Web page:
Friday, December 28, 2012

Australian Women Writers: Kathryn Fox's Skin and Bone

This review is part of the Australian Women Writers Challenge 2012

Kathryn Fox's Skin and Bone is a good choice for summer holiday reading if you're into crime thrillers. Her third book, published in 2007, is comfortable but not challenging.

Its young female detective Kate Farrer has most of the characteristics expected of the hero in this genre. She's recovering from a traumatic close-shave that has left demons that she'll have to face. She is a loner, both personally and professionally. And of course she has a new partner at work.

The cover promises a protagonist to rival a Cornwell or Reichs character. Farrer doesn't make a very enthusiastic silent witness, in fact she'd rather skip post-mortems of burnt bodies. There is plenty of forensic detail but none of the pathologists plays a critical or central role in the story, unlike her first two novels.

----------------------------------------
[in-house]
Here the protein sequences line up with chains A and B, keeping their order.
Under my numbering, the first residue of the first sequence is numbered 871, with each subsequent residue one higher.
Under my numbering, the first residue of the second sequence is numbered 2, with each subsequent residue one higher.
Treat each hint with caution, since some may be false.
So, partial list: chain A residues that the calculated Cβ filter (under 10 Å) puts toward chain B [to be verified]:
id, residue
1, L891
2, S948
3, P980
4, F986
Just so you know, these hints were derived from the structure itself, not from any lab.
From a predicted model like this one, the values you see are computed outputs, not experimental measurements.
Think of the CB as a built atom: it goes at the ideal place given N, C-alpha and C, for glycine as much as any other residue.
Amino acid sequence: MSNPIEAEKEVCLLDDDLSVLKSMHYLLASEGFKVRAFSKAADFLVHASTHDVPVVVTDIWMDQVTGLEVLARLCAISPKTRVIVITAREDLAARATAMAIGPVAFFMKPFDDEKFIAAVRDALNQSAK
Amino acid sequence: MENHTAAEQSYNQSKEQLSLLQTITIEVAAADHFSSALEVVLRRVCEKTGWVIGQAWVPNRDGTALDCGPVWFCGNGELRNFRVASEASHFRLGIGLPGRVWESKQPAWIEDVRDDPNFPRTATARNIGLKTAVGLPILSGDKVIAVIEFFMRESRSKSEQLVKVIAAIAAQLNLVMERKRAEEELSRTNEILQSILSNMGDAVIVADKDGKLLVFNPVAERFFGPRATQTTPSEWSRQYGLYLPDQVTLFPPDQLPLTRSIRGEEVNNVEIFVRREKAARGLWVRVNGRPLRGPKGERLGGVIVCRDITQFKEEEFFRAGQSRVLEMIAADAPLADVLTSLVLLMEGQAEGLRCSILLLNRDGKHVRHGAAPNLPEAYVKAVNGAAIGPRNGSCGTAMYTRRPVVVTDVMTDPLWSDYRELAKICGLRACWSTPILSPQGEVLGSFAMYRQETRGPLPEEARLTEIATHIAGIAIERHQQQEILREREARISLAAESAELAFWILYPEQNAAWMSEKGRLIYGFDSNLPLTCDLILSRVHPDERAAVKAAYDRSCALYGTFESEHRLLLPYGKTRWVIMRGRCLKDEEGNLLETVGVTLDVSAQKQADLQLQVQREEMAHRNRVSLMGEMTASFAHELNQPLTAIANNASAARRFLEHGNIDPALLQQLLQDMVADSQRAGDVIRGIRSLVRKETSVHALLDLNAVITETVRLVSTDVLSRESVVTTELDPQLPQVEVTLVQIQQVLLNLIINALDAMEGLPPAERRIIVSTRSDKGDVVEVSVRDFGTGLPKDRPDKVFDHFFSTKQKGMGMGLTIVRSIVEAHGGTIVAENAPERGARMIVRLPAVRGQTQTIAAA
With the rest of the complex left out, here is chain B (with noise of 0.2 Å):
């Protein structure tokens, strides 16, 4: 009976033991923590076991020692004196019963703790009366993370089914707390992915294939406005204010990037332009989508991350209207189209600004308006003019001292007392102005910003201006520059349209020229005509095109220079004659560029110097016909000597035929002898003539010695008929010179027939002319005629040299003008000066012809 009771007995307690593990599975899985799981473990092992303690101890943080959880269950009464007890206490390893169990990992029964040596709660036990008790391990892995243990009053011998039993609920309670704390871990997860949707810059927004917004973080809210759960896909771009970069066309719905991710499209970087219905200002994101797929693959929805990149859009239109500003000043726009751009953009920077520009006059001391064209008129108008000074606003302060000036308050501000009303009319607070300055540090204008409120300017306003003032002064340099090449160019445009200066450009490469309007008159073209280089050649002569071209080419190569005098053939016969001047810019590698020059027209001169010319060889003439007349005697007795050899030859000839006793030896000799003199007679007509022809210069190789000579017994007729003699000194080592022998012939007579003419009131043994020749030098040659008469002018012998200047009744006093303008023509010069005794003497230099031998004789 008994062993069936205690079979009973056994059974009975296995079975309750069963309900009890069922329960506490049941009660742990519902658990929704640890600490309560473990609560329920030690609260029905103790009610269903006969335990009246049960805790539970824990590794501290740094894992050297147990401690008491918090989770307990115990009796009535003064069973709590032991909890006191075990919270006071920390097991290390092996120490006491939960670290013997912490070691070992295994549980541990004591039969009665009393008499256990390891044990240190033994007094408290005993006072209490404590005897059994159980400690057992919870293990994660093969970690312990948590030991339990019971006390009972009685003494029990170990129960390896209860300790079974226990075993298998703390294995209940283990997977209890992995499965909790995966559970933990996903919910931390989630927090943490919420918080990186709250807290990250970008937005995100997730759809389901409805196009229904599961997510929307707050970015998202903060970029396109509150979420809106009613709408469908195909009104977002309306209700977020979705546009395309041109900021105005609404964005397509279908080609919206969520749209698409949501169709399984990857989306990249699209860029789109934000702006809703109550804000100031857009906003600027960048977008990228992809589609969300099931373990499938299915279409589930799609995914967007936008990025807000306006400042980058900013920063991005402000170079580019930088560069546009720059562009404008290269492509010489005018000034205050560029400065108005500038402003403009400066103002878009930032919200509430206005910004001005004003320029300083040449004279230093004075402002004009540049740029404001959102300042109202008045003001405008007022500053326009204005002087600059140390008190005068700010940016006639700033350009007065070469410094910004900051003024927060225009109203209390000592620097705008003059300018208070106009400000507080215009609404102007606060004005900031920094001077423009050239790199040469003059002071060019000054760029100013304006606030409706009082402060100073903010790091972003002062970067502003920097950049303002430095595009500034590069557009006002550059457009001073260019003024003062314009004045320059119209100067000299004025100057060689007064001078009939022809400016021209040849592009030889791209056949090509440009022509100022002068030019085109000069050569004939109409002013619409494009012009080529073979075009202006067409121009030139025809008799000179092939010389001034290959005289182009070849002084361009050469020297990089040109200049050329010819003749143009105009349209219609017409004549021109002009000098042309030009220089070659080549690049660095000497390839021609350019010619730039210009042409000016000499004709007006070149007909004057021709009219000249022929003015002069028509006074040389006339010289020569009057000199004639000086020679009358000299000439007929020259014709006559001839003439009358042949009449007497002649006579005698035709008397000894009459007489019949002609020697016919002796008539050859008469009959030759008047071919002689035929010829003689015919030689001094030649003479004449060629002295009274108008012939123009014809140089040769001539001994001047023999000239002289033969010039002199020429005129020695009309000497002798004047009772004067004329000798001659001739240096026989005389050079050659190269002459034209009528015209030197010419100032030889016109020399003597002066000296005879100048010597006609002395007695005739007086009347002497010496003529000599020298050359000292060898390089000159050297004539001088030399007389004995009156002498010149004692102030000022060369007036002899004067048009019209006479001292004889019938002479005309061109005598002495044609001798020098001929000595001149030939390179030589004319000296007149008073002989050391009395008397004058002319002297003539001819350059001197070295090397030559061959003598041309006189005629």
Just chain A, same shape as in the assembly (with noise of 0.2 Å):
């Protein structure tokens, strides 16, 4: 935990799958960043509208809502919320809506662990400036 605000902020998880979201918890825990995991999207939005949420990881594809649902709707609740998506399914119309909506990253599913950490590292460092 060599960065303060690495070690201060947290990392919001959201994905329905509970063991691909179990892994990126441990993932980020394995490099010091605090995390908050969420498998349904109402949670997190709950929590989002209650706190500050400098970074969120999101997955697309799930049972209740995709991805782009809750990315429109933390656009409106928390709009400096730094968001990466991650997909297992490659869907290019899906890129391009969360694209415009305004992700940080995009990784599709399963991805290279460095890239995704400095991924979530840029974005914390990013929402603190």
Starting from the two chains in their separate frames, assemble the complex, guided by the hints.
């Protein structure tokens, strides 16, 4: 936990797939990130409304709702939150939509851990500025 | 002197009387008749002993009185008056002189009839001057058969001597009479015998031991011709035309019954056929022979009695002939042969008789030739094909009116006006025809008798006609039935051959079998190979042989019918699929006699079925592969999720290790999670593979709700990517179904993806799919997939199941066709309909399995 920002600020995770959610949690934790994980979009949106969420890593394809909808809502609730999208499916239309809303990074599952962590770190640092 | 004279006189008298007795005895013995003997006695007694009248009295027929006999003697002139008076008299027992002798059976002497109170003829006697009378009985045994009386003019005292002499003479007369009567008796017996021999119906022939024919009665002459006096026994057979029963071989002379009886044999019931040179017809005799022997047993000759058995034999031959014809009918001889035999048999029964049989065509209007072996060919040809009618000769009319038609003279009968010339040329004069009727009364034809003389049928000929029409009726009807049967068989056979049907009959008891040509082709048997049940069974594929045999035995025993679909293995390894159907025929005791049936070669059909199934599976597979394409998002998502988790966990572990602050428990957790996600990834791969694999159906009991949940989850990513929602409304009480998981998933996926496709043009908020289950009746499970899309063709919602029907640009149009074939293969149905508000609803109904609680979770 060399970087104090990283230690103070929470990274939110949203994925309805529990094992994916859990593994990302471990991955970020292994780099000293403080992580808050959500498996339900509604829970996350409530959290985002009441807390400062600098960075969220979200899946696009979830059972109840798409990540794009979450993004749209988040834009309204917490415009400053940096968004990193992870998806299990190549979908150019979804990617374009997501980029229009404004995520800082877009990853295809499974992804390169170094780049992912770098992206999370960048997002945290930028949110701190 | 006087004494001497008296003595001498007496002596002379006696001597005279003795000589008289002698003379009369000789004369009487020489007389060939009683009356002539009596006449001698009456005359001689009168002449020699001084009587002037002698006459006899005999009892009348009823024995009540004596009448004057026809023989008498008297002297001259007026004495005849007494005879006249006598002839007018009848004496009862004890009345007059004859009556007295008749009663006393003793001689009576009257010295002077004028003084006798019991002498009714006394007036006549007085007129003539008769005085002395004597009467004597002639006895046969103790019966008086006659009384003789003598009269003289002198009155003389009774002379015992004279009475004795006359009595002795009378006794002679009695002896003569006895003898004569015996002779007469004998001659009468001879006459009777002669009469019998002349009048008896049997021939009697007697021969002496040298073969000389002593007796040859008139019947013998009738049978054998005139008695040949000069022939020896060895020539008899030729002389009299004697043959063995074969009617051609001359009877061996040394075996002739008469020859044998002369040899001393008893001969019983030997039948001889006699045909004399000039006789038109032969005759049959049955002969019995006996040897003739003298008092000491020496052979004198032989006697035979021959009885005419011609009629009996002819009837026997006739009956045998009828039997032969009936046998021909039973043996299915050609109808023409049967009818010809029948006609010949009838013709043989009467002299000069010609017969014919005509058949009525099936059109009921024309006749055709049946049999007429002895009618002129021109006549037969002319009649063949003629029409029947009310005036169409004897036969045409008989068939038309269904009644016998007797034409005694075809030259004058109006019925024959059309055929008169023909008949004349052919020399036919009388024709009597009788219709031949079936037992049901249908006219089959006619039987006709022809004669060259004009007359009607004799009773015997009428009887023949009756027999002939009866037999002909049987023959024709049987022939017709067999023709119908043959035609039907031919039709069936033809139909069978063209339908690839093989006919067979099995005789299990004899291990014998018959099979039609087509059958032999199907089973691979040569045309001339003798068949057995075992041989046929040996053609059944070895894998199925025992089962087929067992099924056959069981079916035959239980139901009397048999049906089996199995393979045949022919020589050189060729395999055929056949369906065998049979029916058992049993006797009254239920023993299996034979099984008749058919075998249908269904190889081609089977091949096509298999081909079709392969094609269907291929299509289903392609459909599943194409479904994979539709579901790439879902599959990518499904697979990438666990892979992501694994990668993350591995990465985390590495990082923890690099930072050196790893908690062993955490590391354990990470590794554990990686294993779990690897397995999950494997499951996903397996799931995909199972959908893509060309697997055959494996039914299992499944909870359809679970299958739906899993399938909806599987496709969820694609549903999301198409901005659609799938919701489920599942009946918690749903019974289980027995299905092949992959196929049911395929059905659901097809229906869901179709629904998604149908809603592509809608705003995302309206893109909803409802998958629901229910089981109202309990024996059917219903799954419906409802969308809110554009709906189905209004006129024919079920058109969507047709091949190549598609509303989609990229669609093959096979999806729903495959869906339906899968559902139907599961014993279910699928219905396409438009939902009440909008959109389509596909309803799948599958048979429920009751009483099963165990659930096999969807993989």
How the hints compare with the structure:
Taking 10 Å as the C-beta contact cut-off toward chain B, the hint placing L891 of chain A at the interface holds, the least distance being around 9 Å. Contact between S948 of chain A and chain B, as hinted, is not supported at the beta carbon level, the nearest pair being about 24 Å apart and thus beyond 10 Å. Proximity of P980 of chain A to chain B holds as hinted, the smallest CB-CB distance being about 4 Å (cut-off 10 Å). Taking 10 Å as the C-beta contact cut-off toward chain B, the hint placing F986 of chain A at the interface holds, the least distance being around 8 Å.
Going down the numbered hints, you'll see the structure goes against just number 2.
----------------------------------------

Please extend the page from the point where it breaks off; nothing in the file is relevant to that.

With regard to detail, it is disappointing that firefighters are referred to as fireman by the author.

Don't try to second-guess the plot too much, as much of it is a bit too predictable. Just go for the ride.

The style is Modern Fiction 101. Is it the lack of adjectives that makes it difficult to bring up a mental image of the main characters?

This novel would probably make a thoroughly watchable tele-movie where those aspects could be developed. In fact the book is more skeleton than skin and could have been fleshed out a bit more.

No comments:

Post a Comment